Biotechs outperform Small Ords in Aussie health ‘coming of age’
Biotech stocks have had a mixed start to the year — with about half of the 40 stocks tracked by Stockhead enjoying gains.
Scroll down for a table showing how 40 ASX-listed biostocks have performed this year.
But the sector has outperformed the Small Ordinaries index so far this year with a solid stream of newsflow from international mergers and landmark discoveries.
Last week ovarian cancer tester Bard1 Life Sciences (ASX:BD1) as much as trebled it share price on news of additional positive results for its non-invasive test.
Shares in the company opened at 0.1c on Monday, reached highs of 3.1c and settled to 2.6c at Friday close.
Similarly, Immuron (ASX:IMC) started the week at 27c and reached intra-day highs of 60c, to close at 39c.
The company claimed a “world first” when its oral treatment reduced inflammation for patients with fatty liver disease.
“I see all the recent activity as the real coming of age of good Australian biotechs and they are leading the way for more innovative Australian companies to follow,” biotech daily editor David Langsam told Stockhead.
“Global big pharma and med tech players know that Australia can do some of the world’s best science and our research per capita is some of the best in the world.”
Early on, Mr Langsam analysed companies such as Ademus (ASX:AHZ) with high hopes and a product for patching humans with cow hearts — now, its ADAPT technology has received regulator approval for human use in North America.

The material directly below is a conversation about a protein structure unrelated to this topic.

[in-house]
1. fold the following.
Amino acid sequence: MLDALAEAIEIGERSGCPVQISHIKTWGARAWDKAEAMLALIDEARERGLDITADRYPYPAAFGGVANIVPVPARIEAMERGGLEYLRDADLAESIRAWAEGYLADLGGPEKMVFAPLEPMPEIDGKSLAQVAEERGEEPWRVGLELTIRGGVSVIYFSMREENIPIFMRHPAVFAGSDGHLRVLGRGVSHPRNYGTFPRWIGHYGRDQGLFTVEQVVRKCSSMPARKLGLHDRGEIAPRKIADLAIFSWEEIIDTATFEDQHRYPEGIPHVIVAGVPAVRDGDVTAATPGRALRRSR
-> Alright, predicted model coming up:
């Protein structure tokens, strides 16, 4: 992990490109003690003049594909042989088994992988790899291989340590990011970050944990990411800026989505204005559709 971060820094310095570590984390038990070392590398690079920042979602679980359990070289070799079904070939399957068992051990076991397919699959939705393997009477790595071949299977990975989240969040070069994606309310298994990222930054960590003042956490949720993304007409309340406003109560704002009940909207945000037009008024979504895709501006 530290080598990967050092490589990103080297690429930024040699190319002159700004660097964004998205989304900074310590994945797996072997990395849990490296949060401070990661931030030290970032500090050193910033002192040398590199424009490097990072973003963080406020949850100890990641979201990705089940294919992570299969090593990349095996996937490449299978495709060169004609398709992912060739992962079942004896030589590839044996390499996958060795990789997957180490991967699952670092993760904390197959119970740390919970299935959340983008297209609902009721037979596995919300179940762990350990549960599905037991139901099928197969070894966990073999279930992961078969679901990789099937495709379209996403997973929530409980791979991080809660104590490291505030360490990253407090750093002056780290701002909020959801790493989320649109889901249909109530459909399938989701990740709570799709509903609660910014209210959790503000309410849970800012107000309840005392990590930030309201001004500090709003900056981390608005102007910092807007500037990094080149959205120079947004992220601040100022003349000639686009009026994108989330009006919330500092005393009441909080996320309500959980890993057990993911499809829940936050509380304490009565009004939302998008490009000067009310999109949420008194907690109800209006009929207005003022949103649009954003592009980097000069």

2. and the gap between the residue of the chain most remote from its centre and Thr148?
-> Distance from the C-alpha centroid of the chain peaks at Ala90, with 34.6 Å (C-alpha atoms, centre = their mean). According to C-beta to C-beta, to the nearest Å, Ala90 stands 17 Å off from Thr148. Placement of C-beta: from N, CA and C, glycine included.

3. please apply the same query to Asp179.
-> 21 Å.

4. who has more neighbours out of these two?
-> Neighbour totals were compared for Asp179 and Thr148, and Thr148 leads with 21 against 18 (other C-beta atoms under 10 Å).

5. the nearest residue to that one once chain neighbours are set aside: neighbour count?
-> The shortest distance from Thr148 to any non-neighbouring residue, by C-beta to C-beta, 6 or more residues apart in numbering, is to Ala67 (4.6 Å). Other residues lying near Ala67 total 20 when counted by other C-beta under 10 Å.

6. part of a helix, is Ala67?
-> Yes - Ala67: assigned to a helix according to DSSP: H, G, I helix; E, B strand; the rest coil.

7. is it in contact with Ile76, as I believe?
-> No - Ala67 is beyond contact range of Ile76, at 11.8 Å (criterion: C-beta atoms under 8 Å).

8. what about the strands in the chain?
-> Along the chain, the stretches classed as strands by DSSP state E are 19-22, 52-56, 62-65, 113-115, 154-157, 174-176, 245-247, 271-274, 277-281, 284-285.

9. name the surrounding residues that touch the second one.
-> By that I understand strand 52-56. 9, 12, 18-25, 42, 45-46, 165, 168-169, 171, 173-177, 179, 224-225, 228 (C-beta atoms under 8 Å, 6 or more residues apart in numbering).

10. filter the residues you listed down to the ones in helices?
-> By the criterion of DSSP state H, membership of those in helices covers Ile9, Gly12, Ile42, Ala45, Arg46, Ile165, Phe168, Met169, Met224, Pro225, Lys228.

February’s $500 million Viralytics (ASX:VLA) deal has been one of the sector’s key successes this year.
“Making developments for cancer treatment is particularly difficult, which is why Viralytics is such a big shining light for the industry,” Mr Langsam said.
“Not only is it a drug, but it specifically targeting cancer — big pharma is no longer impressed by just curing cancer in mice, so convincing Merck is a bid deal.”
In a research note released earlier this year, advisory firm Wilson’s named its top contenders for the next merger or acquisition – Telix (ASX:TLX) , Opthea (ASX:OPT), Anatara Lifesciences (ASX:ANR) and Oncosil Medical (ASX:OSL).
Further pushing the trend of Australians to develop the technology behind treatment rather than drugs themselves.
“It is much easier to develop a device or a diagnostic rather than a drug for the simple fact that adding a monitor externally is far less risky that putting a drug inside of someone,” Mr Langsam said.
“Historically, the wins in Australia have been those of devices and diagnostics, our long-term failure has been drug development.”
Here’s a table showing how 40 ASX-listed biostocks have performed this year.